Girls facing deportation vanish
5PM UPDATE: THE four school girls facing deportation to Italy have officially been declared "missing".
Police have been in contact with the family, including the mother, to try and establish the whereabouts of the children.
It is understood the children were expected to be hand-over to the Department of Communities at 2.30pm this afternoon - ahead of their midnight tomorrow deadline.
The mother said she had been informed the children had to be handed over early because of "all the media attention".
The mother has said she has "no idea" where the children are.
She thought they might be in the care of one of her aunt's.
Great grandmother in plea for girls to stay in Australia
THE great grandmother of four Coast schoolgirls facing deportation to Italy has begged Australian authorities to intervene.
Caryl Highton, of Buderim, yesterday spent an emotional Mother's Day with her granddaughter and four great-granddaughters, who must be handed over to their Italian father at midnight tomorrow.
The girls, aged 15, 13, 11 and nine, have been told they will be forcibly taken from their mother if she does not hand them to him at Brisbane Airport, as directed under a Family Court ruling handed down in March.
The girls cannot be identified because it is a Family Court matter but Ms Highton said they had made it clear they did not want to go.
"They are happy here on the Coast - it has been their home for two years," she said.
"They have their schools and their friends.
"They are scared of their father but they have been told they will be dragged onto the plane if they refuse to go.
"There have been threats that they will be handcuffed, even drugged, by authorities if that's what it takes to make them comply.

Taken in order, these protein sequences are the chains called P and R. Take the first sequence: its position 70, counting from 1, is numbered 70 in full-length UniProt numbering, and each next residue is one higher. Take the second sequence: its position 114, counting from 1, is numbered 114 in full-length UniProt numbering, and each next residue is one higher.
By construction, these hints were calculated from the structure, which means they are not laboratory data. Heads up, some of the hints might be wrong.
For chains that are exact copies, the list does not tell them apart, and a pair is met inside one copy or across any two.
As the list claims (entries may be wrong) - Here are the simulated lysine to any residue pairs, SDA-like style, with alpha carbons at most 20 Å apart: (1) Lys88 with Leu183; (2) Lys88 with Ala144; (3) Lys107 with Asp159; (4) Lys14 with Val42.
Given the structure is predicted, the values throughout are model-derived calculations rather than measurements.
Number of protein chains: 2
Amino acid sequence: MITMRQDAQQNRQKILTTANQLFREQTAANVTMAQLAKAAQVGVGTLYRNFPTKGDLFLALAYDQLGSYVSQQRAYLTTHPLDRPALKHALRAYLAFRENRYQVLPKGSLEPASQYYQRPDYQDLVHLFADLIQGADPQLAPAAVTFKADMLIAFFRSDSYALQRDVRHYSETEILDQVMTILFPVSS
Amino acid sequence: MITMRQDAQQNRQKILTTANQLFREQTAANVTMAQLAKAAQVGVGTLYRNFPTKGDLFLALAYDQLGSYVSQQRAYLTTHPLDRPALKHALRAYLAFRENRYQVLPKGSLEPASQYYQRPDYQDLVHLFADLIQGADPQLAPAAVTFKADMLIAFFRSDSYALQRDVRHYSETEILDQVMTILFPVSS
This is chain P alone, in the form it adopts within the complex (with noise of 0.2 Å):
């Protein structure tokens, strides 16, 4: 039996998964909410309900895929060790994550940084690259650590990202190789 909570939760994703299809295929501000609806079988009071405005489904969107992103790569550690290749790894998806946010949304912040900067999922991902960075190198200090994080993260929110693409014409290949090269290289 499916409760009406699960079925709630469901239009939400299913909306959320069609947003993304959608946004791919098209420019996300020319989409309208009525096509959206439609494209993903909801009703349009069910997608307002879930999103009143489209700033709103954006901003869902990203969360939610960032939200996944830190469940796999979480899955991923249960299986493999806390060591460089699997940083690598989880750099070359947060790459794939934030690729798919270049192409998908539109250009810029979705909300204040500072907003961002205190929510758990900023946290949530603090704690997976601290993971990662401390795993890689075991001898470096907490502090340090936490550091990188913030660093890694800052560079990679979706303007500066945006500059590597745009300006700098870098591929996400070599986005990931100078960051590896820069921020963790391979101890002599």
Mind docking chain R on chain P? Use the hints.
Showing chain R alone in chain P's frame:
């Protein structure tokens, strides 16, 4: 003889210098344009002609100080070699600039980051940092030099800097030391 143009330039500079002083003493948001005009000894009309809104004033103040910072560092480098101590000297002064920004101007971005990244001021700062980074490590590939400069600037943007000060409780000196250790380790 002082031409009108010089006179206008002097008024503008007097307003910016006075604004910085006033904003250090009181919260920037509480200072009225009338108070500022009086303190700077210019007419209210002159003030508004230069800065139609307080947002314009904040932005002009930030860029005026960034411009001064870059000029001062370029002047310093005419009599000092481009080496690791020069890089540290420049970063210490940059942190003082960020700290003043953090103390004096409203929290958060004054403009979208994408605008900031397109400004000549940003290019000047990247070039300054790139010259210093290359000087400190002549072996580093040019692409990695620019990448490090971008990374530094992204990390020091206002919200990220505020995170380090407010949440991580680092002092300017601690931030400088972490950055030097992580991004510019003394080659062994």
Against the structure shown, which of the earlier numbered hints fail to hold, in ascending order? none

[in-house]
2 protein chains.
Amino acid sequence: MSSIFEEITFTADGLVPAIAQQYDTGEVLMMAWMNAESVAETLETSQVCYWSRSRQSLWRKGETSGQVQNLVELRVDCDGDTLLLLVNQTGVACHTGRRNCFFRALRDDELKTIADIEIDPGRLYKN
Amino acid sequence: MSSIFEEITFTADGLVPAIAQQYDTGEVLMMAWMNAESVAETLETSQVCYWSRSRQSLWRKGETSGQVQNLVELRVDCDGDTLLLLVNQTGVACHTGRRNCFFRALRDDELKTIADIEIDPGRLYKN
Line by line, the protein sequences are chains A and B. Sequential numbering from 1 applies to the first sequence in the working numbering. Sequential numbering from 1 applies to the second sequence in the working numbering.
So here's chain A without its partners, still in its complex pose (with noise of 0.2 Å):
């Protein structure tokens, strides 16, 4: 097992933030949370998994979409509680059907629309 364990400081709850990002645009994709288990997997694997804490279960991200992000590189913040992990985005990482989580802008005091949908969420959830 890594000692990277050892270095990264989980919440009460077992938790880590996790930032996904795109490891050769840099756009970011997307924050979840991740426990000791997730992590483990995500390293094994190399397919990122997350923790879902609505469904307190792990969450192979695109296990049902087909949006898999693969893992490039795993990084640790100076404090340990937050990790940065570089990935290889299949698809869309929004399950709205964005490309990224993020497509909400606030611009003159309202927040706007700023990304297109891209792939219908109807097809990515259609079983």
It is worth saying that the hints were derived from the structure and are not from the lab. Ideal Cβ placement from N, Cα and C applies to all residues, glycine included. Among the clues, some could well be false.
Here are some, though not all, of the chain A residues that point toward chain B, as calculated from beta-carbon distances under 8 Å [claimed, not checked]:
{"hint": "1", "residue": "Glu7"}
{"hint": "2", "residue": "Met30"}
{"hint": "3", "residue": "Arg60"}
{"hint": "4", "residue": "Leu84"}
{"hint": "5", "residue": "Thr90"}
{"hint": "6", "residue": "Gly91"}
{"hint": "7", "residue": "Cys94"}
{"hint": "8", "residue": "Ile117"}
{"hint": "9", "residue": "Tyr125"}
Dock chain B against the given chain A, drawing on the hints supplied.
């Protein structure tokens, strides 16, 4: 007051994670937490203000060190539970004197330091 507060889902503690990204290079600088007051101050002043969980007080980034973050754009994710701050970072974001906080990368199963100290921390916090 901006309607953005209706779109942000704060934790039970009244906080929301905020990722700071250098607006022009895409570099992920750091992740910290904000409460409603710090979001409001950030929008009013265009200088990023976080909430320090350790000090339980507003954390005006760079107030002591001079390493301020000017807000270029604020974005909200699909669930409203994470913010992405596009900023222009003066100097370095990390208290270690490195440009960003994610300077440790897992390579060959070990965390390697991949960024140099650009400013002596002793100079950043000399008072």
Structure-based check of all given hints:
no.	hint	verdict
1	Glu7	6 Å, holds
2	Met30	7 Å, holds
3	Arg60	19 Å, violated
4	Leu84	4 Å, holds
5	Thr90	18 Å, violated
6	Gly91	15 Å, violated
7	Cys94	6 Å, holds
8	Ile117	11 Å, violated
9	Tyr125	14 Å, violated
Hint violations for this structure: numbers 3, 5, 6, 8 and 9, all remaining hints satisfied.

"The legal system has simply let them down and in less than 48 hours they will be on their way to Italy.
"All we can do is beg authorities to stop it."
The girls' mother moved to Italy when she was 15 to study Italian and married the girls' father when she was 17.
She fled Italy with the girls two years ago and her husband did not follow.
Six months ago he started legal proceedings to try to gain custody of the children, pursuing her under the Hague Convention's child abduction regulations.
Their mother was shocked to learn the court had ruled in his favour, despite her and the girls testifying about his abusive past and how the children felt about the situation.
She lost her Family Court appeal in March but claims she was let down by her legal teams - firstly Legal Aid and then Coast lawyers who failed to turn up for court proceedings, forcing her to represent herself.
Ms Highton said there were complicated legal arguments which she was sure would save the girls from deportation, but time was quickly running out.
"Under The Hague Convention - the same laws under which their father fought to get them - it is a violation of the girls' human rights to expose them to physical or psychological harm or place them in an intolerable situation," she said.
"That is exactly what will happen if they are forced to return to Italy.
"We have documents which prove they will be in danger if they are put into their father's care.
"Besides that, the girls genuinely don't want to go but are being forced by an Australian Government which apparently doesn't care about their human rights.
"I am begging the Attorney-General and anyone else with any power to step in and put a stop to the deportation while the matter is sorted out properly.
"We just want justice for the girls.
"They are being treated like criminals ... how can any country or community with any sort of conscience allow that to happen."